How Does USP 800 Change Storage and Unpacking of Hazardous Drugs?

How Does USP 800 Change Storage and Unpacking of Hazardous Drugs?

USP 800 Storage of Hazardous Drugs

Some USP 795 and 797 facilities store both hazardous and non-hazardous products in a shared positive pressure environment. USP 800 dictates a clear separation for the storage of non-hazardous and hazardous drugs. Only sterile HDs may be stored within a sterile compounding area. HDs cannot be stored on the floor.

Facilities unpacking hazardous drugs within a negative or neutral pressure room do not require infrastructure changes to meet USP 800 unpacking area requirements. Facilities unpacking hazardous drugs (HDs) within positive pressure ante rooms or facility spaces will require reconsideration.

USP 800 Air Change Rates Per Hour (ACH)

HD storage requires negative or neutral pressure, external ventilation and a minimum of 12 ACH (air changes per hour). The air change rate of an HD storage room or isolator should not be confused with the air change rate of primary engineering control.

Final Unit Dose Storage and Labeling

An exception is made for HDs stored alongside non-HDs when the HD is within its final unit dose or unit-of-dose packaging and appropriately labeled.

Drug Inventory and Unpacking

Drug inventory, receiving, or unpacking rooms for USP 800 require negative or neutral pressure storage.  Storage containment should be considered so that any spills, falls, or breaks remain locally isolated. Separate storage for sterile and nonsterile drugs is not mandated, but nonsterile HDs cannot be stored in a sterile compounding area.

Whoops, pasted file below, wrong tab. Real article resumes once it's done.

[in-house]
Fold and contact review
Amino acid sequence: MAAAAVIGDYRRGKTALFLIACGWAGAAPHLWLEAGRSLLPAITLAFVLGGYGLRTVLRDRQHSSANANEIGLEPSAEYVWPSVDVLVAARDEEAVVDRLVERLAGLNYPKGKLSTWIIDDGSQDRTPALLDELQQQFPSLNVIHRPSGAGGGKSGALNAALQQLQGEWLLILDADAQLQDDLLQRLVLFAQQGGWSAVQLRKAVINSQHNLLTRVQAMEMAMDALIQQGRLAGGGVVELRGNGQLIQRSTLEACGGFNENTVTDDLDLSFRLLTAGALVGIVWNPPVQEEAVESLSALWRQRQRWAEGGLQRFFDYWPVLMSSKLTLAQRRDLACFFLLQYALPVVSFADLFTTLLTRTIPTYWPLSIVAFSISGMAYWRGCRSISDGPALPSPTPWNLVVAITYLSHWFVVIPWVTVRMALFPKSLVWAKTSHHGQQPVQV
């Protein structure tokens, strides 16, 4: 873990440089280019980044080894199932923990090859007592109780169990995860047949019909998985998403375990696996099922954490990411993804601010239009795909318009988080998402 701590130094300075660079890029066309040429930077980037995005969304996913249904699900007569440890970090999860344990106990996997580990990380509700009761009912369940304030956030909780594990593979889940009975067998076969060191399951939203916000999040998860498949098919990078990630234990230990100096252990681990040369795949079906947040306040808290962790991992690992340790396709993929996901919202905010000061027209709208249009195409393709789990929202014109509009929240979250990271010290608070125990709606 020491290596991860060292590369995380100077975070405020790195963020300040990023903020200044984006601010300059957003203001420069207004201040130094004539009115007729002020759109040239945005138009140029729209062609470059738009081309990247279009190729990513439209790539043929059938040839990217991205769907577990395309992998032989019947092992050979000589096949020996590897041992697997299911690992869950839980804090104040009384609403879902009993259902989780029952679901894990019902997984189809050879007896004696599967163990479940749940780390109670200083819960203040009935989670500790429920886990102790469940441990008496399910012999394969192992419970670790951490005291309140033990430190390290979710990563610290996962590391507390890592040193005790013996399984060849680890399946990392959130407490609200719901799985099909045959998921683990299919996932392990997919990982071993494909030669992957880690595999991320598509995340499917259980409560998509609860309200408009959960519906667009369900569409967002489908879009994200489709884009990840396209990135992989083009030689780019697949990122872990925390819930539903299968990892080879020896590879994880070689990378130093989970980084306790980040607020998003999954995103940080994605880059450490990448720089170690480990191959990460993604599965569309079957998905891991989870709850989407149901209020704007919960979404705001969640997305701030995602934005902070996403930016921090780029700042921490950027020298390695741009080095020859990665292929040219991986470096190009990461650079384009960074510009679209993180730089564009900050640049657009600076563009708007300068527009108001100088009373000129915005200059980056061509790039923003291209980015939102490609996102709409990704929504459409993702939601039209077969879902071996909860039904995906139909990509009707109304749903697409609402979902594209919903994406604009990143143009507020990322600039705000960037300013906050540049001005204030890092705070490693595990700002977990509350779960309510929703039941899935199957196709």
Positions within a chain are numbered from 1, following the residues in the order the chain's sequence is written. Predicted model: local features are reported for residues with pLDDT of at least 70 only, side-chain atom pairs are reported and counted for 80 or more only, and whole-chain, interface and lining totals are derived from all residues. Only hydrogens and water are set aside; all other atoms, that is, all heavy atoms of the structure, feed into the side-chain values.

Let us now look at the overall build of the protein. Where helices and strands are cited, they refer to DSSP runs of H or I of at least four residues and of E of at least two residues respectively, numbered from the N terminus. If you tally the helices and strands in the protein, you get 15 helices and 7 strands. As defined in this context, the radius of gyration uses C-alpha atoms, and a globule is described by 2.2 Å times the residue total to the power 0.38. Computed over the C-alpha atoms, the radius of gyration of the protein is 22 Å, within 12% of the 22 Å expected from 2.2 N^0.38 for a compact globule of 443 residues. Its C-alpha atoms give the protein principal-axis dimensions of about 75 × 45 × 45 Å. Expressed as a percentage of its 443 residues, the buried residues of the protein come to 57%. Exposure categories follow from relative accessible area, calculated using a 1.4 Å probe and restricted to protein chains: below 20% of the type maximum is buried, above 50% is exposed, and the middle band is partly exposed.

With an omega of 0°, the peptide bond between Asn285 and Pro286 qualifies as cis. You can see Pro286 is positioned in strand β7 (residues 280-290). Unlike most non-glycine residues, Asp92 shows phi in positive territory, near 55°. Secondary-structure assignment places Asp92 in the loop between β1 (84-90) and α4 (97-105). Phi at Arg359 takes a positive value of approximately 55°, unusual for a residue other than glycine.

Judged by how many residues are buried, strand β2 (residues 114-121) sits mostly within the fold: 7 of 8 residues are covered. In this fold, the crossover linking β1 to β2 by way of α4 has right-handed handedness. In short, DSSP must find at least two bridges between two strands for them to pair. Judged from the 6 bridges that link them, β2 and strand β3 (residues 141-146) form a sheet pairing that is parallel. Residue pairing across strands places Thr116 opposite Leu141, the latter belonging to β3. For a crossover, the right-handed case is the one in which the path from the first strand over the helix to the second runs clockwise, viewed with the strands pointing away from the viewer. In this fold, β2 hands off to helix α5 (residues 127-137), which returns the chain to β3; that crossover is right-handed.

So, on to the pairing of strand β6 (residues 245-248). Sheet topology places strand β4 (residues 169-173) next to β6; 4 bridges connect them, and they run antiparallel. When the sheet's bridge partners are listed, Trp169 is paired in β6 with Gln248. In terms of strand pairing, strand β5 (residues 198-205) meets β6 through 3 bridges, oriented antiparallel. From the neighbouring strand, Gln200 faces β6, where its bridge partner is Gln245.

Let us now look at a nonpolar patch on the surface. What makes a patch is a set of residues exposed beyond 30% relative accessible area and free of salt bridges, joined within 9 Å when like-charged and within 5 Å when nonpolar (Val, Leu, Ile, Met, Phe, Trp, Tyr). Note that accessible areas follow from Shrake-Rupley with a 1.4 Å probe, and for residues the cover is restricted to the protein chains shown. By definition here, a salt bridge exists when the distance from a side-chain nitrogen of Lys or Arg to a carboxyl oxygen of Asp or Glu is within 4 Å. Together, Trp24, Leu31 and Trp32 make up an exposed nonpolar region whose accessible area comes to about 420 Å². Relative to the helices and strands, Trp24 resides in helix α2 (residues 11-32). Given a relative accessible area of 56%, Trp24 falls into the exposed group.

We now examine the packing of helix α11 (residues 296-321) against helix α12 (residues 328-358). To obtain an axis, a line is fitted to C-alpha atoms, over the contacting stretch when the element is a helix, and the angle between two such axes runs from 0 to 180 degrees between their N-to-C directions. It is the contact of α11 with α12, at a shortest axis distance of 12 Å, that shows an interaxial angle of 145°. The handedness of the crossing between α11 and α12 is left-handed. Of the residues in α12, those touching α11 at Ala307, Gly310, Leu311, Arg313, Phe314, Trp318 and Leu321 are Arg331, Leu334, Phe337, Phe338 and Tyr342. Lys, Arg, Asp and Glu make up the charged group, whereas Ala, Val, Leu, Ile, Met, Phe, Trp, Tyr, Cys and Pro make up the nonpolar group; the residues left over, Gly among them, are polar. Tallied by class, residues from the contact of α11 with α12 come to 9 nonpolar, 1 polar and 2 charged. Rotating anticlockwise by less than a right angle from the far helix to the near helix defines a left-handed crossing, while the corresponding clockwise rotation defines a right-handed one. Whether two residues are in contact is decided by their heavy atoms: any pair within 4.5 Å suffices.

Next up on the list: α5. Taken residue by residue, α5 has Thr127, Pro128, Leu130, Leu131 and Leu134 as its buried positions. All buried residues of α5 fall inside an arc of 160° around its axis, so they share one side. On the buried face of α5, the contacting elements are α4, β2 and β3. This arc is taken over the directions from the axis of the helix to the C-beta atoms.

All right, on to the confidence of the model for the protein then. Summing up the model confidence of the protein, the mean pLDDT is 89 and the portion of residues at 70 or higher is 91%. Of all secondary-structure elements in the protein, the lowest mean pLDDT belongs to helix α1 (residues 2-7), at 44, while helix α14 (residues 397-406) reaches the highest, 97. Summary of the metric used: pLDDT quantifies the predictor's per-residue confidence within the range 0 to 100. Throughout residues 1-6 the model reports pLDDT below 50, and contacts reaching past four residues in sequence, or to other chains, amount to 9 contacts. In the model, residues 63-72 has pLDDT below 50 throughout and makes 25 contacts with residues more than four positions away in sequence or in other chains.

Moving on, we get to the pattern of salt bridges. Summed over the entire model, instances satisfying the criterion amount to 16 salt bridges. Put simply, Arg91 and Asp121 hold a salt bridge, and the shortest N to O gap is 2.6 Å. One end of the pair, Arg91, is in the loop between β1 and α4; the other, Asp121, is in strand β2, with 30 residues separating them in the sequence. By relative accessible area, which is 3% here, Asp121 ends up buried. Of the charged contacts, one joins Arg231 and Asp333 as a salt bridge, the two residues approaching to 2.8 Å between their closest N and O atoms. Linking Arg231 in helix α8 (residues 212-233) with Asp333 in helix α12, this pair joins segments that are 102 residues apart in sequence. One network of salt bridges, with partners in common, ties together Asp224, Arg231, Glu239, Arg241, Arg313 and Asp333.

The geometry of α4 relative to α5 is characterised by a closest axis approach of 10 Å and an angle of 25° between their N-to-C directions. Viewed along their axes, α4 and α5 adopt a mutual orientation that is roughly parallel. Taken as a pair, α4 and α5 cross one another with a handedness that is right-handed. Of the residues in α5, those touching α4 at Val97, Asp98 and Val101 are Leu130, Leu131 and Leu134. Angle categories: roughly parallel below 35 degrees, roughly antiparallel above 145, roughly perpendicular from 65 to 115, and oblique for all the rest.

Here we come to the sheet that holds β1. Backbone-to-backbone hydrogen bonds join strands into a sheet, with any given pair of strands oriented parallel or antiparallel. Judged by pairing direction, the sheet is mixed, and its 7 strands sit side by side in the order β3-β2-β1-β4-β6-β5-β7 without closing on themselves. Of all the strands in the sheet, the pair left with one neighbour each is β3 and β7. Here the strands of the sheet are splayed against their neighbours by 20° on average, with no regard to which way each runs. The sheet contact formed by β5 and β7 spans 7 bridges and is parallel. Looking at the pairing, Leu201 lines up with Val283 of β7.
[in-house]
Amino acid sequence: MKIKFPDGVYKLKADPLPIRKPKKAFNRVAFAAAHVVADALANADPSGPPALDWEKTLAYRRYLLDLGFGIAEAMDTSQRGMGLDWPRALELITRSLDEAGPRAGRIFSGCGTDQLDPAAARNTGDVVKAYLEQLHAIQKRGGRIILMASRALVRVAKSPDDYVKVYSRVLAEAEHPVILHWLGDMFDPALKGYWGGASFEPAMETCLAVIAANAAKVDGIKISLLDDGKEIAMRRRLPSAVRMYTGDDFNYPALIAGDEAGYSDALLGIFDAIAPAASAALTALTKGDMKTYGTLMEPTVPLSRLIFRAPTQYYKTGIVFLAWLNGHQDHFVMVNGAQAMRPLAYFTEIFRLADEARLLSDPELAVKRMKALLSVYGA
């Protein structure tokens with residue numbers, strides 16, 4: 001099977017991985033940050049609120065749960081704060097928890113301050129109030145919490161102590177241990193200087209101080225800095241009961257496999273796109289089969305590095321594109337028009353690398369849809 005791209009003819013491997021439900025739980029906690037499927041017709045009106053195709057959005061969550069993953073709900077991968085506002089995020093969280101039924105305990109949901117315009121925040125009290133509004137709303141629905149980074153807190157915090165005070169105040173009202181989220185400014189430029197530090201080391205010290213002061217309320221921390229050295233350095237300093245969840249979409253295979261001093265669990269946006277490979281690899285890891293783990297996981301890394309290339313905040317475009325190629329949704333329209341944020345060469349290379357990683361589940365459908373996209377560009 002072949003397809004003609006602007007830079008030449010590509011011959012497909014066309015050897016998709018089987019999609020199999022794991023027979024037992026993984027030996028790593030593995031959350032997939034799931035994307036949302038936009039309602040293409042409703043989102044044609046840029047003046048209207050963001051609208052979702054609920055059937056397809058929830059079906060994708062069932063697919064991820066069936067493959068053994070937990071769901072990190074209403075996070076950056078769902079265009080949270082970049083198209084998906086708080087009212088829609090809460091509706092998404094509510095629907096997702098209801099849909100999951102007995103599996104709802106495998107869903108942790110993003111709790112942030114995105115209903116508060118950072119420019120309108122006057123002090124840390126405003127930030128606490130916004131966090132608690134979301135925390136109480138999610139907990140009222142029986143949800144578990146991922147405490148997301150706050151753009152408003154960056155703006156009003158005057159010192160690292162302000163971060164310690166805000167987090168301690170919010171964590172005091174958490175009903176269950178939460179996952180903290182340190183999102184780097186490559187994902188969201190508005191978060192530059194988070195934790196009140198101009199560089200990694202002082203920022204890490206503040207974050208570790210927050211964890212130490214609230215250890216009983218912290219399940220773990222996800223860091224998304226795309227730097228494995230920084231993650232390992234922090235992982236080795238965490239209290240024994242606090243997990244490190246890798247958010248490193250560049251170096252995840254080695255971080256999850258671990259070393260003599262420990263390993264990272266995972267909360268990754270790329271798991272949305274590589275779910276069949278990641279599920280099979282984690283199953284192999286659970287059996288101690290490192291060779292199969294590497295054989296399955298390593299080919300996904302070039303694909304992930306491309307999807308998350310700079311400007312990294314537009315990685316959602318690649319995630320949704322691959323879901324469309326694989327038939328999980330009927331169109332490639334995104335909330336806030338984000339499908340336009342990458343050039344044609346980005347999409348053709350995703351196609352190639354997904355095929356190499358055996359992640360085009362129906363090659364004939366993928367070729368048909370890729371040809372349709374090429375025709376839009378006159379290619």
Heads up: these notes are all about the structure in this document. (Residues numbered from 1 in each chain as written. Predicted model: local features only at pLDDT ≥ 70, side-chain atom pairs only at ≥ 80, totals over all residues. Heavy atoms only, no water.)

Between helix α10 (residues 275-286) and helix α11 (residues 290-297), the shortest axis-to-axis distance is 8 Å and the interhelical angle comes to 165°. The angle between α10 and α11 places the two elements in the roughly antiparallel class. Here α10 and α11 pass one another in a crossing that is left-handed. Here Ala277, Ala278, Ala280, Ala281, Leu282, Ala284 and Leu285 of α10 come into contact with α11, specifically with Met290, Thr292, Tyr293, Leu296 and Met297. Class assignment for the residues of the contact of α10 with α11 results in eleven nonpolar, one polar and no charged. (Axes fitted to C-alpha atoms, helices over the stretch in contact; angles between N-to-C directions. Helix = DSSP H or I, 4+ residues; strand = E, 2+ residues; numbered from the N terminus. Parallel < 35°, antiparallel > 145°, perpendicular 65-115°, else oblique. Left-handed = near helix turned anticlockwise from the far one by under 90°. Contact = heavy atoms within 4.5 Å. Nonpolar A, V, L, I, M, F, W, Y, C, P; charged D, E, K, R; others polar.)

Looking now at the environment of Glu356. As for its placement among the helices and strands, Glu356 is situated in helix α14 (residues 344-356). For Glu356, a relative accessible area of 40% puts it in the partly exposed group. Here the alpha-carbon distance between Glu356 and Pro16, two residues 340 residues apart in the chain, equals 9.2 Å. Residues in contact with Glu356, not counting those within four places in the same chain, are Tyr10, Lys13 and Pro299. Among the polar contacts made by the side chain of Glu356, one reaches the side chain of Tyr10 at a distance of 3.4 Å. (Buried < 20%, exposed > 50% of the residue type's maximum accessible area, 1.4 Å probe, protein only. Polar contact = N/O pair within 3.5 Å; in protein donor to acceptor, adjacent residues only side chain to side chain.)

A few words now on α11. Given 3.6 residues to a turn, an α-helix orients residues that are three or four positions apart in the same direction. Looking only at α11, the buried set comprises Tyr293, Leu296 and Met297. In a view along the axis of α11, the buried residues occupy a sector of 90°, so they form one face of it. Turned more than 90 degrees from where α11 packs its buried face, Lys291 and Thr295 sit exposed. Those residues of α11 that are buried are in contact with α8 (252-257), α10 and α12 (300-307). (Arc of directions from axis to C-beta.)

Storage and Compounding Exemptions

USP 800 does not allow storage, unpackaging, or manipulation of HDs in positive pressure areas, nor does it allow the USP 797 exemption for low volumes of HD compounding in a non-negative pressure room.

Which Facilities Will Be Most Affected By USP 800 Storage Needs?

Facilities that previously stored or unpacked HDs in a positive pressure environments require a reevaluation of current storage conditions. Storage conditions and square footage are paramount. Converting or constructing separate spaces that meet hazardous drug storage requirements is common. Increasing storage density is a less intrusive option if feasible. 

“Stick-built” cleanrooms that process sterile and non-sterile hazardous drugs face the most adverse USP 800 compliance changes. Continued operation while undergoing on-site construction is challenging. Construction is likely to impede daily compounding activities without moving off-site, constructing a temporary facility, or outsourcing operations. Square footage and inadequate air systems inherit the majority of costly renovations. Speaking with a cleanroom engineer about how a modular system alleviates these construction barriers is beneficial for most facilities.